What do you make a one year old with roots from Florida for her birthday? Why a flamingo of course! I saw the pattern for Fabio the Flamingo on Etsy and knew he was the winner.
Well a month later and some serious engineering and Fabio is complete! The pattern directions were really well laid out. Everything from the actual making to the finishing was very clear. I used safety eyes rather than embroidering them on as my embroidery skills are terrible. I also made some adjustments to the body and wing size.
My only issue was the neck. The pattern called for you to really pack in the stuffing to get the neck to stand up. Easy right? My reality was Fabio looked like he was suffering from a spine removal. My solution? I inserted a bendable wire and packed stuffing around it. His neck is still a bit wobbly, but nothing is perfect.
Fabio left our house looking pretty good. He got to enjoy some sunshine on the balcony before the typhoon rains hit.
I never thought I would be into creating crochet animals. They always seemed too fiddly. However, previous months of quarantine have taught me that a change in mindset can open so many different possibilities.
It all started with a birthday. My daughter’s friend turned one last month and I decided to make her a cute little elephant. I am not much of a crocheter, but I thought I would give amigurumi another try.
Little did I know this would catapult into a full on thing. I ended up making five more amigurumi friends. I purchased some safety eyes which were a game changer. The eyes of the other animal look way less creepy than the elephants (haha).
In this time of continued chaos, there is something so soothing about creating these little creatures.
We are slowly approaching 3 months of isolation here in China. Life in the city is beginning to move back to pre- Coronavirus times, but you can sense the trepidation. There is still anxiety out there of contracting the virus. One positive sign is out school just made some of the final decisions to reopen in a few weeks. We will finish out the last six weeks of school on campus. The plans are a little sad for the kids (e.g., They can only play in designated areas with no equipment and at a distance from each other) but I am sure they will adapt.
For the last month, I have really been on a crochet kick. Especially with making toys. One of the fun projects I embarked on is making crochet vegetables for my daughter. Who knew produce could be so fun?
I am attempting to use up my scrap yarn, which has driven a lot of the color/ veggie choices. So far we have a cucumber, mushroom, bell pepper, tomato, and eggplant. Currently in the works is some broccoli and a carrot.
I am not using patterns, nor do I have extensive crochet construction knowledge, so I am just going with the good old intuition method. The hardest one to capture has been the red bell pepper- or capsicum as my Australian friends call it- due to the bumpy contours. With this one I used triple crochet stitches mixed with single crochet stitches to try to get the bumps near the stem just right. Not bad huh?
My mushroom needs a little something I think. Depending on what angle you are looking from, people have confused it with garlic. Maybe it is the color?
I will continue plodding along with this little project as the scraps make themselves available. It is a good filler for those times I am between knitting projects.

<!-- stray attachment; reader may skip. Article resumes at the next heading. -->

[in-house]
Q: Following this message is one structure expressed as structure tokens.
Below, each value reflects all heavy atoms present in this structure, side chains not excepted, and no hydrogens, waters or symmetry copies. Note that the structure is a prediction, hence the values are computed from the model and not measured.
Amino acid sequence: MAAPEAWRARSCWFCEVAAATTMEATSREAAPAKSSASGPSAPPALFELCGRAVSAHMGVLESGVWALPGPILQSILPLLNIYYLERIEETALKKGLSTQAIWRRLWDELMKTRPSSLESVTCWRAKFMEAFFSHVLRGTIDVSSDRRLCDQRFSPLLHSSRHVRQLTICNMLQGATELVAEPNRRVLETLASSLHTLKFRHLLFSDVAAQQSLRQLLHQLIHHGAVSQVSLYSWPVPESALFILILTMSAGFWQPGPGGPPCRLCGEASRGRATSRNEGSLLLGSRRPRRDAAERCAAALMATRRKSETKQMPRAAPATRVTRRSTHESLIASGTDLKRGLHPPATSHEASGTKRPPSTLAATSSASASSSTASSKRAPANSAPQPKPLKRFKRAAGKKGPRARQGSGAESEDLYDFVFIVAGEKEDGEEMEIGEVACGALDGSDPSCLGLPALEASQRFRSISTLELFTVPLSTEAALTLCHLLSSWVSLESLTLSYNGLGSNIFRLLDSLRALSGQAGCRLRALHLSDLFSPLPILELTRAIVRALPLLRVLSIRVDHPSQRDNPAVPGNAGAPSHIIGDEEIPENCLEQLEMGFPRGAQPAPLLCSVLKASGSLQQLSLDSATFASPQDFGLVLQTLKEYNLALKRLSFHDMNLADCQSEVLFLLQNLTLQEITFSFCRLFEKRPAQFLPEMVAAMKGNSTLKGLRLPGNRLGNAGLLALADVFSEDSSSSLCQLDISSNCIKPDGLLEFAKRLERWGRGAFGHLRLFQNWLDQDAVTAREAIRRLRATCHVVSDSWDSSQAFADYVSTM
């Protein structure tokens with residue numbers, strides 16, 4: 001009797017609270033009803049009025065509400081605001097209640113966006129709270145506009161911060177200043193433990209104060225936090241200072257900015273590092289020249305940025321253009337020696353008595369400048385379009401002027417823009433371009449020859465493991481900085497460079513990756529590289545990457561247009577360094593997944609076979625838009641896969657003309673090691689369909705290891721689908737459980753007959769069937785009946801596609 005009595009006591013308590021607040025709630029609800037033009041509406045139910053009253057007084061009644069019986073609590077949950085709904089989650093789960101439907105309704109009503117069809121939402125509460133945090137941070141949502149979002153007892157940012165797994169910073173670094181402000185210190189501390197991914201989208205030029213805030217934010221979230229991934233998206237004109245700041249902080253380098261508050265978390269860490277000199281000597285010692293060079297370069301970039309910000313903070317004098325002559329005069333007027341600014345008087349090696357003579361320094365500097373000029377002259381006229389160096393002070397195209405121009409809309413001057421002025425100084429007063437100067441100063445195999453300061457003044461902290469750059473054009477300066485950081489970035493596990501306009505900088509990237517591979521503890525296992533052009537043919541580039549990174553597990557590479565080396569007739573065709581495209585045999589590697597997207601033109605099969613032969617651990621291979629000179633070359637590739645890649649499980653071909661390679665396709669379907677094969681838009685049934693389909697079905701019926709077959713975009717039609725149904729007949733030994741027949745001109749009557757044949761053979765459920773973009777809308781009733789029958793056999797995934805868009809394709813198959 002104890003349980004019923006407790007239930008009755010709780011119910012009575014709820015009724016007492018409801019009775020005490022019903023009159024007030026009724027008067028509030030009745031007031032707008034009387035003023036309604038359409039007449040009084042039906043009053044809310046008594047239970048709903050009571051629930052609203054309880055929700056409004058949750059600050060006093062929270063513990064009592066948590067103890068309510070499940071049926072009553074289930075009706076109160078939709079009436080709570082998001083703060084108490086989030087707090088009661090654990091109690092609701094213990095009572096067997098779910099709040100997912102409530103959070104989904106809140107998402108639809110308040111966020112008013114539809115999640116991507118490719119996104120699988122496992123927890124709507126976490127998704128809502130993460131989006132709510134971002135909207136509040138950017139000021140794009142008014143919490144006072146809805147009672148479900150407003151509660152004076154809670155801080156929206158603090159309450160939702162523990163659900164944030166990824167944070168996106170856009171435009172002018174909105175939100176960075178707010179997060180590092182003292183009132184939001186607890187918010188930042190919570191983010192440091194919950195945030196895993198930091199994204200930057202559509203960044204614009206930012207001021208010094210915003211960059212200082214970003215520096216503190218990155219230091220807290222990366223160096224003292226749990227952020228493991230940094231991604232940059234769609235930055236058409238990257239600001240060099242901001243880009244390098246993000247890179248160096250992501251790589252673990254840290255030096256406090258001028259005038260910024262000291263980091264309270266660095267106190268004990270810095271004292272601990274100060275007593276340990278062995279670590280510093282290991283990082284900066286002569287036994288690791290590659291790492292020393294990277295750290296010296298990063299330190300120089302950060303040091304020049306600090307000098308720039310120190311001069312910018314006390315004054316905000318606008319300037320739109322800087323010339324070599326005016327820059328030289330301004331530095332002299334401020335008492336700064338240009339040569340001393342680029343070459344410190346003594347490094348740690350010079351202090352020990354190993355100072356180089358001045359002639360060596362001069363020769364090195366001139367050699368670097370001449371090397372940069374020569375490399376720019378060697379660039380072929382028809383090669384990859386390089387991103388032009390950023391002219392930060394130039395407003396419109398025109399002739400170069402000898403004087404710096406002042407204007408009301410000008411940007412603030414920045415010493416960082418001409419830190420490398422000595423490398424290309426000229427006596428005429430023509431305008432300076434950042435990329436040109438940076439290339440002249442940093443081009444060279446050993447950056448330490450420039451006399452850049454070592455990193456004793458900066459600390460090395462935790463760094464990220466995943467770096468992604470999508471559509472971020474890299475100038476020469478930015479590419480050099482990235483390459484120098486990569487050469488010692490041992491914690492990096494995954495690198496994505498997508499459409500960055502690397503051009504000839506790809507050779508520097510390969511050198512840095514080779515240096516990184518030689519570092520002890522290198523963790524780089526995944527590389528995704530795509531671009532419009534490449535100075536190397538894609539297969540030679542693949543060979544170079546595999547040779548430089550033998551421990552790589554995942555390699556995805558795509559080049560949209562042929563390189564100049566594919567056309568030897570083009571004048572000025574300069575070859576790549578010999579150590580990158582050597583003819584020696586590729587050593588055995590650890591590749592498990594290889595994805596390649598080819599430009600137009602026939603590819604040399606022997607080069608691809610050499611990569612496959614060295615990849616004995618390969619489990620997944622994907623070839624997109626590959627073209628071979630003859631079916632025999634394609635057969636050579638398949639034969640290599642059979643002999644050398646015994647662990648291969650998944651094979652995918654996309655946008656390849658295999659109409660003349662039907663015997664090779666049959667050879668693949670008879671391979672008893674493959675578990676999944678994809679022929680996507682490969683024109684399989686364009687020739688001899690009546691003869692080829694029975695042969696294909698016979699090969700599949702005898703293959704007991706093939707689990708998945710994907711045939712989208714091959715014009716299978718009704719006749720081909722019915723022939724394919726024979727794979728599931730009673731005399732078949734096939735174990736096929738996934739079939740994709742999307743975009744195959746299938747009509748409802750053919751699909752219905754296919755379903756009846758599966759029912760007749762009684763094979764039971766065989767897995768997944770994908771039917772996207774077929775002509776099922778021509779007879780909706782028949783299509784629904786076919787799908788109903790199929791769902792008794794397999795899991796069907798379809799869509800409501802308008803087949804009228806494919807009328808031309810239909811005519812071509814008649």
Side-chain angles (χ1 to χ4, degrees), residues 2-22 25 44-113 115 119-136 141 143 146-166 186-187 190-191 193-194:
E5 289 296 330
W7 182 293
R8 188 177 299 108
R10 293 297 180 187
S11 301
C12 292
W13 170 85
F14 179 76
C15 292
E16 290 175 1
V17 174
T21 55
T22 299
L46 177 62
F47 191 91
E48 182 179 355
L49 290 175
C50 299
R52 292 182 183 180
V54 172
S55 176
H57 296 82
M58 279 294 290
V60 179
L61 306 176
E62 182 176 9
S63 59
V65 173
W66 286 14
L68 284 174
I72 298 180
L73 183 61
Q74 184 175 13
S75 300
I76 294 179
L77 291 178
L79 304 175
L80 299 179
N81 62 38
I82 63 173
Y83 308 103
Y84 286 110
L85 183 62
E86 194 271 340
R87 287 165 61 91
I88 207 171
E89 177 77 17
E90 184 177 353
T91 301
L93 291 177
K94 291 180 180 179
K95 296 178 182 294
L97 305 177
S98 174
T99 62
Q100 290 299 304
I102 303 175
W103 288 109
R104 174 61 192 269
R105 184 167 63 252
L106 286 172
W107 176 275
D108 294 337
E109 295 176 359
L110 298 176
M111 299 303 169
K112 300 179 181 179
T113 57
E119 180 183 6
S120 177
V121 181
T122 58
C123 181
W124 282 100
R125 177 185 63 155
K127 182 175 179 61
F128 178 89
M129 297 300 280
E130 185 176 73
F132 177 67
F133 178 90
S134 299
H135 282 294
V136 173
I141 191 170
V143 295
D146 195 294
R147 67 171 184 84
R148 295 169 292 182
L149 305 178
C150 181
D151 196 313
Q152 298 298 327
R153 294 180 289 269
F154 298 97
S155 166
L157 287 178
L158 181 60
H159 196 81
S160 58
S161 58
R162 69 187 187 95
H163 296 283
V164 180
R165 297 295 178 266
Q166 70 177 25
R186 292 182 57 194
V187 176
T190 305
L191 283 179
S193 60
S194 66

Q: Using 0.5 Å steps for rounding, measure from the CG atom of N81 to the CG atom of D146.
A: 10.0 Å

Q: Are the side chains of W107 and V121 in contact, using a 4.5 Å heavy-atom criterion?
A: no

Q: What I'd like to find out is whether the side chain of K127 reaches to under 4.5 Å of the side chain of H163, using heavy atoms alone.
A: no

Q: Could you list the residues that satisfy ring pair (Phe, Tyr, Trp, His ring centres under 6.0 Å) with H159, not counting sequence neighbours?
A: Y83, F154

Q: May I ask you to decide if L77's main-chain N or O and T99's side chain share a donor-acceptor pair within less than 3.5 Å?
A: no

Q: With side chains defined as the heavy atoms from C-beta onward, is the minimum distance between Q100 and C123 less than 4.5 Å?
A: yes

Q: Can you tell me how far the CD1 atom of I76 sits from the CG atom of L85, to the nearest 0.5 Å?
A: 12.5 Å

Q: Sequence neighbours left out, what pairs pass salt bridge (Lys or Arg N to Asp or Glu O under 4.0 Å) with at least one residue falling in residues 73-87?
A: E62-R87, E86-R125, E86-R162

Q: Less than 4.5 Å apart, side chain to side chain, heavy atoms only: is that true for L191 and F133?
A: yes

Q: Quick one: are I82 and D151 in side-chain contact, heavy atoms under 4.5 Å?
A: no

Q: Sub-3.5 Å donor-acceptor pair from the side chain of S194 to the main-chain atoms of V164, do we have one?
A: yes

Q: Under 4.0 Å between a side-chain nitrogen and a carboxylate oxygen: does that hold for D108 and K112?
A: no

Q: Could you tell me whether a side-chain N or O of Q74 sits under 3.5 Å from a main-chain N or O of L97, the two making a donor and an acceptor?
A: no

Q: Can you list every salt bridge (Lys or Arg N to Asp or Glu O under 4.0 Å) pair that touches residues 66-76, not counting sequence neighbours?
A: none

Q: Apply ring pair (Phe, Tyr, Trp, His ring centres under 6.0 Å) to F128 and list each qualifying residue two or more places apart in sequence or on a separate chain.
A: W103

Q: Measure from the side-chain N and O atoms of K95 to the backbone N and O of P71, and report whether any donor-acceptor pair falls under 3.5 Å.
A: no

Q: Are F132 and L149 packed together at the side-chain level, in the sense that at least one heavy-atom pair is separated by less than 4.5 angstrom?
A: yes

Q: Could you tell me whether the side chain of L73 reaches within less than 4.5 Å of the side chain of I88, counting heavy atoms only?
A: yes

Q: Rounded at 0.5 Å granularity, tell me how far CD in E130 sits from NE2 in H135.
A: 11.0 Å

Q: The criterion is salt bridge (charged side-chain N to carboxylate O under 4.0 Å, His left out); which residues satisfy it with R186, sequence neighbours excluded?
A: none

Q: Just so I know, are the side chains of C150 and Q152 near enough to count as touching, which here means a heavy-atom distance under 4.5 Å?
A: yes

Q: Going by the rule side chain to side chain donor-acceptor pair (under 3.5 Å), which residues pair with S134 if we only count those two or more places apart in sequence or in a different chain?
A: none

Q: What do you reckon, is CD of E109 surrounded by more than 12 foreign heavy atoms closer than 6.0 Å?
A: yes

Innsbruck is such a charming town I almost have to pinch myself to make sure it is real. Imagine pastel colored buildings seated in front of snowy mountains that follow the curves of a gorgeous river. This is Innsbruck in a nutshell.
Being that the town is set in a snowy place I suspected there was a yarn store. My suspicions were correct. I found this small shop on the outside of the Old Town.
Glattverkehrt is about what the sign advertises… wool. If you are not a wool lover this yarn shop is not for you. Aside from alpaca and a very tiny cotton section, the stock in this shop is all about wool. This disappointed me a little as I was looking for a bit more variety as I live in a super hot climate and wool can be worn maybe 1-2 months per year.
Another warning… this shop is very narrow. I was with my infant and her stroller barely fit in the shop with enough room to walk around. However, the shop keeper was super nice and helped me get the stroller in and out of the shop without destroying anything.
A plus side to Glattverkehrt was that it had decent price points as well as a great stock of sturdy sock yarn. This yarn is the stuff you use when you want socks to last and last. So did I buy anything? I did! I purchased a DK weight Austrian wool. I picture it will be a nice cowl or maybe tunic for the baby.
This shop wasn’t terrible, but it wouldn’t be my go to LYS as I like to knit with a little bit of everything. What kind of fiber do you like stocked in your LYS?
I have a fickle relationship with crochet. I enjoy the intricacy of the stitches and the ease of incorporating color into a piece. However, the creation process is just not as relaxing as knitting for me. Knitting has the advantage because I don’t have to look at my hands all the time. With this being said, I generally have a crochet project languishing in my yarn bins. Case in point this blanket. It has been sitting around for about a year. Every now and then I pick it up and add a few rows and then it gets cast aside once again.
Last week, I decided I had reached a point that this WIP should move to FO status. It is big enough to be a baby blanket or lap blanket if your thighs are cold. I used acrylic based yarns with a size 7.0mm hook. I just made up the stitch design as I went along. I kept the general idea of a granny square while adding some other elements.
I need to give this blanket a good wash and blocking and then it will be all set to find a new home. I don’t think I will search for a crochet project anytime soon, but I never know when my hands will get the itch to change it up.